When you’re young, medicated and bored as shit in the suburbs, it’s difficult to resist any art that can help decipher the social and psychological chaos of your teens. Depending on your definition of art, you might consider a kid enlightened were he to derive the majority of these guiding affectations from Proust or Warhol. Enlightened or not, Jason Diamond found his signal in the noise via John Hughes’ films, as Diamond’s childhood in the Chicago suburbs pivoted from the bucolic to the Boschian.
Anyone raised in the same ‘burbs will recognize Diamond’s brand of dissipation. Summer nights spent driving along highways looking for patches of forest far enough removed from the ever-present sprawl to safely smoke pot or drink terrible beer. Rich parents, absent often enough to have inadvertently facilitated most lost virginities in their child’s class. Rich kids fully prepared to assume the mantle of privilege while slightly less rich kids trip over themselves to spurn it. The occasional flawed and complicated love interest exists only insomuch as they shake any resolve to view life in binary terms.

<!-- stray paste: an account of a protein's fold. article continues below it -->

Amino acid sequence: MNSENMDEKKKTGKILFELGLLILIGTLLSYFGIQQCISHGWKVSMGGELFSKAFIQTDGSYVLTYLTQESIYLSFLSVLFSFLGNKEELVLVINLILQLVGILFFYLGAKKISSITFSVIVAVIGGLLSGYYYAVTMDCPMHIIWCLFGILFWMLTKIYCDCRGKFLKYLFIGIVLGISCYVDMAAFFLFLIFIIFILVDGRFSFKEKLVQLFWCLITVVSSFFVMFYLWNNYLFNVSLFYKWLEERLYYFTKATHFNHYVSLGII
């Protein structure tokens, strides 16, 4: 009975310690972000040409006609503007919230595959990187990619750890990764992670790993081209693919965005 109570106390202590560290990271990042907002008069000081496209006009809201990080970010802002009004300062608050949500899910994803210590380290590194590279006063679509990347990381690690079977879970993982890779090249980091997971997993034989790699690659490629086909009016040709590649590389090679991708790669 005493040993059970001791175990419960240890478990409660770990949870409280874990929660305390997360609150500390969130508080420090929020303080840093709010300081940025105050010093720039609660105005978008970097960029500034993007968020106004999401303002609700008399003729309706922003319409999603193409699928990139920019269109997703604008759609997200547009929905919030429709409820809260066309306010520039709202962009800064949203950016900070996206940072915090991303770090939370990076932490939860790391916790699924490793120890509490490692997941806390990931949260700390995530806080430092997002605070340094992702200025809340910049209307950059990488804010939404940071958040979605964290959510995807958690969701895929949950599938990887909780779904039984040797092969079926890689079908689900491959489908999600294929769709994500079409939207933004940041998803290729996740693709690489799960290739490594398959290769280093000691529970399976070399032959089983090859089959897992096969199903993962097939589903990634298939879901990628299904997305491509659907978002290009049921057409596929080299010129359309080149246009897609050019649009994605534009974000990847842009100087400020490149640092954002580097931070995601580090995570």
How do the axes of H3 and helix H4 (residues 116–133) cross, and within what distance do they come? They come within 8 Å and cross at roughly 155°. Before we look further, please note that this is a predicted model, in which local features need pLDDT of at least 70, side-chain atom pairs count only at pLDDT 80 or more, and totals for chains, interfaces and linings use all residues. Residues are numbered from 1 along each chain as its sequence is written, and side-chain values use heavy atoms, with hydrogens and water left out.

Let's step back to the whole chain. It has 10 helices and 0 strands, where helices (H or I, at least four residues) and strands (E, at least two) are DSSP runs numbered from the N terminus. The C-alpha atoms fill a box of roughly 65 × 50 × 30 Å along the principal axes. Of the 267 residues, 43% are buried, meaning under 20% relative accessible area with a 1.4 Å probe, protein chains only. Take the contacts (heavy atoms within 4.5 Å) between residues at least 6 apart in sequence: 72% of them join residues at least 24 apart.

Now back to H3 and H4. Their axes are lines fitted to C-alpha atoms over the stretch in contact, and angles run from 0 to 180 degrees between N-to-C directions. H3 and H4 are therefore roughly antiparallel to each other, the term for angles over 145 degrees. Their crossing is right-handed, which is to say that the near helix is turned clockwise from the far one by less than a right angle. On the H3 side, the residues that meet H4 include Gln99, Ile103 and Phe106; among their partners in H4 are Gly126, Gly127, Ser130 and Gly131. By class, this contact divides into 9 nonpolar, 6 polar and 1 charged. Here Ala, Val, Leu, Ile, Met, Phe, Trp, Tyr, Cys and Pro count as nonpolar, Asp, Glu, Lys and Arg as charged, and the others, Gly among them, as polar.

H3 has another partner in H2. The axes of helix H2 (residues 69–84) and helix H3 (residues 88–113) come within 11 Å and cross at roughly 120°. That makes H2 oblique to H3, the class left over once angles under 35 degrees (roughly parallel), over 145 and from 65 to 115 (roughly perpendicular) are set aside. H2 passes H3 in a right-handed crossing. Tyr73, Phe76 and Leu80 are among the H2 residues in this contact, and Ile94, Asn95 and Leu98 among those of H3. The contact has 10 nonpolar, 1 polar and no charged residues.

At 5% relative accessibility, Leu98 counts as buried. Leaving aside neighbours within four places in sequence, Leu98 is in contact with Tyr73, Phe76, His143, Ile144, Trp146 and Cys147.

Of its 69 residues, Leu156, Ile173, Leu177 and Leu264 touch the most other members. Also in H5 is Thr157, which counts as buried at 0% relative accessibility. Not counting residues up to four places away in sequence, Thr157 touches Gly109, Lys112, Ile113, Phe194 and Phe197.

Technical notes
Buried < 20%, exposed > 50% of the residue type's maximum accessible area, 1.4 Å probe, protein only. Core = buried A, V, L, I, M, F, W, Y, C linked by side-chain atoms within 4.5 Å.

This is also the brand of John Hughes, the auteur behind “Sixteen Candles,” “The Breakfast Club,” and “Maid in Manhattan.” In “Searching for John Hughes,” Diamond shares his struggle, distinguishing Hughes’ fictional vision of this landscape from his own real one. The backdrops were similar. Hughes filmed in, and drew much of his inspiration from, Chicago’s North Shore, where Diamond grew up.
“Searching” reads like Horatio Alger meets Nick Hornby. Diamond’s passion for Hughes’ films leads to interesting moments of pop culture analysis poached from his abandoned biography of the man himself. His struggle to make it as a writer in New York chronicling his bootstrapping will make you appreciate the rent situation in Chicago.
At the heart of this memoir is Diamond’s slow-building disillusionment with Hughes, whose career choices seem to betray a man more interested in making money than making art. Ultimately, the scales fall from Diamond’s eyes as he finds meaning in sharing his own voice rather than trying to understand that of another. (Pierce Smith)
Jason Diamond’s book launch is on December 5, 7pm at The Whistler, 2421 North Milwaukee, (773)227-3530.
“Searching for John Hughes”
By Jason Diamond
William Morrow, 304 pages, $15.99